A Player's Perspective: Tom Gorter

Tuesday, May 5, 2020 - 1:05 PM by Katie de Haer

Originally from Kojonup, 260 kilometres south-east of Perth, Tom Gorter has played 56 WAFL games since his league debut in 2015. 

A move from the backline to the wing last season added another dimension to his game, something Gorter is hoping to build on once the WAFL returns. 

“I guess I’ve always set the goal of trying to play every league game. There’s always pressure for spots, especially as we recruit new players and the younger blokes are developing.

“I started on the wing last year which was a new role for me, so this year will be about developing my skills as a wingman and building on the fundamentals of the game – the kicking, the handballing, all the basics of it. 

“For me, it’s about having fun too. That’s a massive thing I’ve learnt over the past few years; if you’re enjoying your football, you play better, I think.”

At 191cm, Gorter is part of the Royals’ emerging engine room that added recruits Nick Robertson (Brisbane), Angus Schumacher (Carlton), Aidan Lynch (West Perth) and former SANFL player Jake Veide in the off-season.

“I thought I adapted pretty well (last season). It was nice getting up the ground and covering a bit more of the oval, moving around a bit more. It took me a few games to get used to it.

“Rohan Kerr and Shaq McKenzie play that role as well so they’ve been great to learn off. The more I played, the better a read on the game I got.”

With the WAFL and AFL seasons postponed until at least May 31, debate surrounding lifting the AFL draft age continues to rage. 

Gorter was selected by West Coast in the 2016 rookie draft as a 20-year-old and said being picked up a couple of years after high school meant he could build the foundations of life away from football. He said the advice from the AFL Players’ Association was to pursue study and other avenues of work outside of the game.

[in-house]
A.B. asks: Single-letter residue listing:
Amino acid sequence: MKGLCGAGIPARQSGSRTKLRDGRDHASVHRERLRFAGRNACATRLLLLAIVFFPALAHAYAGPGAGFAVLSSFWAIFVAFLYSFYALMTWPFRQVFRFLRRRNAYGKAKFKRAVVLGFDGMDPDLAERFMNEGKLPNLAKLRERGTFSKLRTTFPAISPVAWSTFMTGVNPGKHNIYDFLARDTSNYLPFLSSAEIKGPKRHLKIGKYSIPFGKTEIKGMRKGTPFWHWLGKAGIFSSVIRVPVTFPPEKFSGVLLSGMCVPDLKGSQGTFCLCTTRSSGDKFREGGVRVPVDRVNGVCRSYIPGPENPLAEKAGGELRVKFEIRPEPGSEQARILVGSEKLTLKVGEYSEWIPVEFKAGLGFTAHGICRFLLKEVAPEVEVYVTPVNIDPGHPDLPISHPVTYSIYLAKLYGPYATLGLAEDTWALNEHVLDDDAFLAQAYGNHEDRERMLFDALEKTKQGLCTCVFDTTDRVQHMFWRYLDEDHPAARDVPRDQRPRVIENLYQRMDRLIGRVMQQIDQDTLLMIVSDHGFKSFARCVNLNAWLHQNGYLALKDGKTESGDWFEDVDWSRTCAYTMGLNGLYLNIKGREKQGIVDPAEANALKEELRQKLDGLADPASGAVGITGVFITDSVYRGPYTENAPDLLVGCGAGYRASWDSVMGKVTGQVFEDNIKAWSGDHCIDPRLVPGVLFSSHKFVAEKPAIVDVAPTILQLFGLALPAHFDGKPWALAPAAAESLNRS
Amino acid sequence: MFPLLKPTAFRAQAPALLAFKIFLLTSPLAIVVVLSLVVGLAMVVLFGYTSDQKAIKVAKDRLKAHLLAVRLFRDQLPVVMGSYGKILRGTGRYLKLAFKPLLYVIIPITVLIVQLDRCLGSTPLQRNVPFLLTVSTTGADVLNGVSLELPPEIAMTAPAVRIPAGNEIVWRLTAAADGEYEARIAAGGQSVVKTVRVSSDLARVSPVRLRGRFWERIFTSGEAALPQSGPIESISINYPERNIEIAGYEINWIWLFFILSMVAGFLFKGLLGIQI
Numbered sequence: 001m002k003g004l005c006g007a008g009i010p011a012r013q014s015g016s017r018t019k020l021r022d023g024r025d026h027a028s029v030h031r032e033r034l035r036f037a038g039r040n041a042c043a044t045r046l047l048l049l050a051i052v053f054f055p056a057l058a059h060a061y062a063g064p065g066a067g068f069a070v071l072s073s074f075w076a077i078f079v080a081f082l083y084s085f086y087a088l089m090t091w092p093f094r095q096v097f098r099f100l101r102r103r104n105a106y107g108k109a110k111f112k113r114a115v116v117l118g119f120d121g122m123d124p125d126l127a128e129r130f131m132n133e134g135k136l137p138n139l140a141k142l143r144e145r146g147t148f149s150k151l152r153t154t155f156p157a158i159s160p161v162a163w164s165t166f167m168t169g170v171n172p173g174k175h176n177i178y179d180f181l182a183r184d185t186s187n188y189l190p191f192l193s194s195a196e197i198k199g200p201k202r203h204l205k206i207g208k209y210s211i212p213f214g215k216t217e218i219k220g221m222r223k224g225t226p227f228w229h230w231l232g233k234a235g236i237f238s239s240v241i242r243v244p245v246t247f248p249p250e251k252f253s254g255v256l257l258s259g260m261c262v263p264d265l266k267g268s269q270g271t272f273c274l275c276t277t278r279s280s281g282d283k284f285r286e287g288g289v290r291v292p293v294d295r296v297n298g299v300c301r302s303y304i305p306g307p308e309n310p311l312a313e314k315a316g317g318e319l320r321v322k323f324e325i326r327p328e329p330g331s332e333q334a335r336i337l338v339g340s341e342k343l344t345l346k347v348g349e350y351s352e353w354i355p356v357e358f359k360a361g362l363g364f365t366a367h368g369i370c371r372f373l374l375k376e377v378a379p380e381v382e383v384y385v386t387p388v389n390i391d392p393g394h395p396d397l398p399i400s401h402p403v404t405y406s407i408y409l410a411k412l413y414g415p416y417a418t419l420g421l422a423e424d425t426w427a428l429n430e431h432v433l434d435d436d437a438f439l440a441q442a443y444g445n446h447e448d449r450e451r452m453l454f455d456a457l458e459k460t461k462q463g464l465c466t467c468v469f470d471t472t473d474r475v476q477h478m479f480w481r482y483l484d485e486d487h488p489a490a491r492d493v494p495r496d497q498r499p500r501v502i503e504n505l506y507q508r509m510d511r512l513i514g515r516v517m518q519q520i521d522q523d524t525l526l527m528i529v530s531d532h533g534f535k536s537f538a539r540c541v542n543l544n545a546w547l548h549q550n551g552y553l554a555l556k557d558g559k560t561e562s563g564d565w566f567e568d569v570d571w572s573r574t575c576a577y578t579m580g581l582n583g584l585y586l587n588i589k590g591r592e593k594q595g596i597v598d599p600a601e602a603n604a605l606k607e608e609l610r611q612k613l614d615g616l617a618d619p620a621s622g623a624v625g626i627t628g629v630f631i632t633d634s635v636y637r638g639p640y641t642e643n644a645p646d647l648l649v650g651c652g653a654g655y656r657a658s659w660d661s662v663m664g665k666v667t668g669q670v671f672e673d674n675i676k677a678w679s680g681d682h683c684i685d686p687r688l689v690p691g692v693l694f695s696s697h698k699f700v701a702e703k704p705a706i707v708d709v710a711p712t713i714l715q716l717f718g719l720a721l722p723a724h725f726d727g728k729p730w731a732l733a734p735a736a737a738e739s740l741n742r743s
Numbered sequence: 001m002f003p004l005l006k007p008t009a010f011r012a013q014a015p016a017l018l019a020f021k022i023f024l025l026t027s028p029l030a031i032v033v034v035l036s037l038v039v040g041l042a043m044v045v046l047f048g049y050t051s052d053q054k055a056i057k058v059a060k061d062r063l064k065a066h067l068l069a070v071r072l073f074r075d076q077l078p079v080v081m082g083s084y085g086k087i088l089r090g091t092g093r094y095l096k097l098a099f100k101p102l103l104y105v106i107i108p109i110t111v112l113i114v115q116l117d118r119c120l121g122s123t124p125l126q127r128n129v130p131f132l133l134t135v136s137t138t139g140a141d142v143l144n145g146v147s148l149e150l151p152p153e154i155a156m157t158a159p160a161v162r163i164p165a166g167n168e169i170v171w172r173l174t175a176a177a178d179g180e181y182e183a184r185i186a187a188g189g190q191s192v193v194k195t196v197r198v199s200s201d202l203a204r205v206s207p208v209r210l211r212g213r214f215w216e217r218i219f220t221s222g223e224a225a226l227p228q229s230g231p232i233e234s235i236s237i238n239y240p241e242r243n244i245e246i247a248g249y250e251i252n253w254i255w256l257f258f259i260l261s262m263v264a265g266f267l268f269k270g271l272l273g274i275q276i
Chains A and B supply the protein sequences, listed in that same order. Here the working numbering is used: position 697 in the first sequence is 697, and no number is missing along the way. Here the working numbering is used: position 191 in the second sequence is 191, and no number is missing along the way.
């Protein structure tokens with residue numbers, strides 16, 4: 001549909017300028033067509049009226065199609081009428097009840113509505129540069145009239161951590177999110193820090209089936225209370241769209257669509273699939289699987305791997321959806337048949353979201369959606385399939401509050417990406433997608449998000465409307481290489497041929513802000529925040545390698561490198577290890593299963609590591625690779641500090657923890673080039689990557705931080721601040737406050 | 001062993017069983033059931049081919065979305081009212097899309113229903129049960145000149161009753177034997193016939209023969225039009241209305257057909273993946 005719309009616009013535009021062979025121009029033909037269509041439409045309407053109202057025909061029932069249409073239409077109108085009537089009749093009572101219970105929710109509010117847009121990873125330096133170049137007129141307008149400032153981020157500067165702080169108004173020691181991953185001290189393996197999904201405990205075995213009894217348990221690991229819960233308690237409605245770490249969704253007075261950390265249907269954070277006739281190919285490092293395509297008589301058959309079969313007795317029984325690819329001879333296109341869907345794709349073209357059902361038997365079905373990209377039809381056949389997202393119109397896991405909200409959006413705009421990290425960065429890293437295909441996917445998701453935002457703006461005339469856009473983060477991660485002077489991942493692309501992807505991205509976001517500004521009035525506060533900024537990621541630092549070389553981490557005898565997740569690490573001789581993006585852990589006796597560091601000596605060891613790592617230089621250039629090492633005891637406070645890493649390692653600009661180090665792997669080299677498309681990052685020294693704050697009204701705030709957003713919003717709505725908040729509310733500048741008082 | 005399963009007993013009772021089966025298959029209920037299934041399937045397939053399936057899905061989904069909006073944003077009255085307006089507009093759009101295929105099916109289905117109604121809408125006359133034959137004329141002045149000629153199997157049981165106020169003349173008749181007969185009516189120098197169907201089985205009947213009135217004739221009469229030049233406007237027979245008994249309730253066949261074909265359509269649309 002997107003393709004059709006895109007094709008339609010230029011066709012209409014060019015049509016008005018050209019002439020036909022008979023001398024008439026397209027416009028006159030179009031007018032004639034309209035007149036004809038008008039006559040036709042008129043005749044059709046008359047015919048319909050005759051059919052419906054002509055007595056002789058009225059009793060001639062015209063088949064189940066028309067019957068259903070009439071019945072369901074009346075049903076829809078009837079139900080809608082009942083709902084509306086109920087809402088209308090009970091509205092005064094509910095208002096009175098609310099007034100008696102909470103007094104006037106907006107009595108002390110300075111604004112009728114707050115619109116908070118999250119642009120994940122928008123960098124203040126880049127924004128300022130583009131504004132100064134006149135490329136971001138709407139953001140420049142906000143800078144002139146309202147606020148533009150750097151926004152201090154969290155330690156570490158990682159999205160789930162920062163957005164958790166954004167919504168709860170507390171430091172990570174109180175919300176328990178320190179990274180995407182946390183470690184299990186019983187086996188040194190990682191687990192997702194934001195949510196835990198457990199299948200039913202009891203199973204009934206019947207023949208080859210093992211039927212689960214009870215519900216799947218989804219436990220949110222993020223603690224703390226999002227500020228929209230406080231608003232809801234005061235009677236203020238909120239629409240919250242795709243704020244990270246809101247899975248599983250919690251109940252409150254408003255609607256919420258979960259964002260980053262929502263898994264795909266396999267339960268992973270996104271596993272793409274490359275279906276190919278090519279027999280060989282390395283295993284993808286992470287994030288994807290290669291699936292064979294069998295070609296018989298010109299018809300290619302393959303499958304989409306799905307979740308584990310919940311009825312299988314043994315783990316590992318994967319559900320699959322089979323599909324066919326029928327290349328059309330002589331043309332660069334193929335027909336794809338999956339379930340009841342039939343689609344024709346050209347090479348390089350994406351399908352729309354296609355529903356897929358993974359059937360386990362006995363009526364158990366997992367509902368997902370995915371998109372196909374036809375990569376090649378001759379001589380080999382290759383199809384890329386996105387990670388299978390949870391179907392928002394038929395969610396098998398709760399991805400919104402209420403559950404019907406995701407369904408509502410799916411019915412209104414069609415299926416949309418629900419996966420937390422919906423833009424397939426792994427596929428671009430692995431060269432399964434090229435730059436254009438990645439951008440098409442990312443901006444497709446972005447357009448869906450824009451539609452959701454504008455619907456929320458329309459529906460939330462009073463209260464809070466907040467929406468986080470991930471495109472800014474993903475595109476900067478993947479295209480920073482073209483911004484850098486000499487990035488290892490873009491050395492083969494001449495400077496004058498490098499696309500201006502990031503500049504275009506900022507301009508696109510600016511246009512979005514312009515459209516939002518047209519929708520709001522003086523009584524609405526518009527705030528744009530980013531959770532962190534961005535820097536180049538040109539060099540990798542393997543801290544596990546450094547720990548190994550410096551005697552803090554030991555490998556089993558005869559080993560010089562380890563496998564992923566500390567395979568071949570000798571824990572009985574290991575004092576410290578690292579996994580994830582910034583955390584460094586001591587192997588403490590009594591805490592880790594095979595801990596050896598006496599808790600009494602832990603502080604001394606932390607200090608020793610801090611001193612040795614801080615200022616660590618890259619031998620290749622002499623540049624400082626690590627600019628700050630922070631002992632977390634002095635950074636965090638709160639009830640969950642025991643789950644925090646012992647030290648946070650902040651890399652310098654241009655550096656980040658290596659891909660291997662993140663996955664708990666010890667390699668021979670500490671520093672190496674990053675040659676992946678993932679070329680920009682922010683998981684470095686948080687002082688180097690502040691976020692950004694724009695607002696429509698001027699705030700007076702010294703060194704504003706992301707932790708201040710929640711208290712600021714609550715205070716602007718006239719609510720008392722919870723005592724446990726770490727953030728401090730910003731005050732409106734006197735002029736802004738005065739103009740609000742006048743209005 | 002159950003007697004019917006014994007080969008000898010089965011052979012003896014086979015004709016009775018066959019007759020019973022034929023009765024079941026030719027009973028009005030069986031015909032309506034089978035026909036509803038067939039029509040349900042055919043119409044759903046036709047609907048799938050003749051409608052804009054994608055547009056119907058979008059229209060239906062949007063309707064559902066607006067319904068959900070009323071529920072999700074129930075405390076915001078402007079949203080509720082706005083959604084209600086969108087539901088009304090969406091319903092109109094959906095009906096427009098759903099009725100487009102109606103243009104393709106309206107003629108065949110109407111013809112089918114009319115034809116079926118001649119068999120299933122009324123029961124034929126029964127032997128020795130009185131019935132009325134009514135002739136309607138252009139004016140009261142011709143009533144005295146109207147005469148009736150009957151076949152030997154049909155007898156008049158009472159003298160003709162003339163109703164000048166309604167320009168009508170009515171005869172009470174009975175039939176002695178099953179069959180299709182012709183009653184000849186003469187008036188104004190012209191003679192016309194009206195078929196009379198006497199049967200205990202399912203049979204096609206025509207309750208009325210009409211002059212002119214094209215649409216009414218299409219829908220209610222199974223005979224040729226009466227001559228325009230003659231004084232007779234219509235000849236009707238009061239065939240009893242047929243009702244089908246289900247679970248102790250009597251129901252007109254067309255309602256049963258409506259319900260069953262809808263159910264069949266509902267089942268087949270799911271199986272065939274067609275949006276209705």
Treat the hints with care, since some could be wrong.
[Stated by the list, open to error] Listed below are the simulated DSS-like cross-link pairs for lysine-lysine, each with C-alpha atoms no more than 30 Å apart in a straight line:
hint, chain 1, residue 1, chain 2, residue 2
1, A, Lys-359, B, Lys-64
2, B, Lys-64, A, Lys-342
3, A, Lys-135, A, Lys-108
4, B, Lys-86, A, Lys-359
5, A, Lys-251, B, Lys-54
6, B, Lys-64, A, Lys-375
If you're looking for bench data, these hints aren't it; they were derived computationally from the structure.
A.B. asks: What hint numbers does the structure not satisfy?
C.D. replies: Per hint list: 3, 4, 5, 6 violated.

“From personal experience, spending a few years’ out of school allowed me to establish an identity away from football – for me, that was studying to be a physiotherapist. 

“I think from that point of view it was really helpful. My career finished pretty quickly but I think having an established setup and identity away from football meant that when my time at West Coast did come to an end, it was relatively easy for me to slide back into study again. 

“I think that made the transition a lot easier, for me personally.” 

The now 23-year-old is enjoying his time with the Royals, with a return to AFL not out of the question.

“I guess I’ve always set myself a target to play at the highest level possible,” said Gorter.

“I’m really content playing for East Perth and playing my role there, (but) if I did get the opportunity again, obviously you’d jump at the chance.  

“For me, it’s about playing the best footy I can at whatever level that may be.” 

Away from the club, Gorter said his work as a physiotherapist combines well with his footballing career. 

“I just started a new job a couple of months ago, so it’s been really good to get stuck into that. Especially with no training at the moment it’s been really good to focus on my work.

“A lot of the skills and things I’ve learnt in footy have translated really well into being a physio - I think they complement each other quite nicely.” 

WAFL players are expected to begin non-contact training in groups of ten, given that the State Government has now eased restrictions on public gatherings.

“My understanding is that we can train in bigger groups now, up to 10 people. When I say train, it’s more the running component, we’re still not allowed to be sharing equipment.

“In terms of skills and tackling there are still restrictions on that, but being able to run together in bigger groups will be really good. You just get a bit more of that social aspect that you miss not playing or being involved in training,” he said.

“I’m pretty fortunate that I live near the coast, so I can cruise down there for lots of my runs, which is pretty nice, but it’s definitely not the same as playing games at this time of year.”

Gorter said the players and club had been overwhelmed with the support from members, fans and sponsors during this unprecedented period.

“It’s so important that we have the support because they’re the ones who keep the club going. 

"Stay healthy, look after yourselves and keep supporting the club, we really appreciate it.”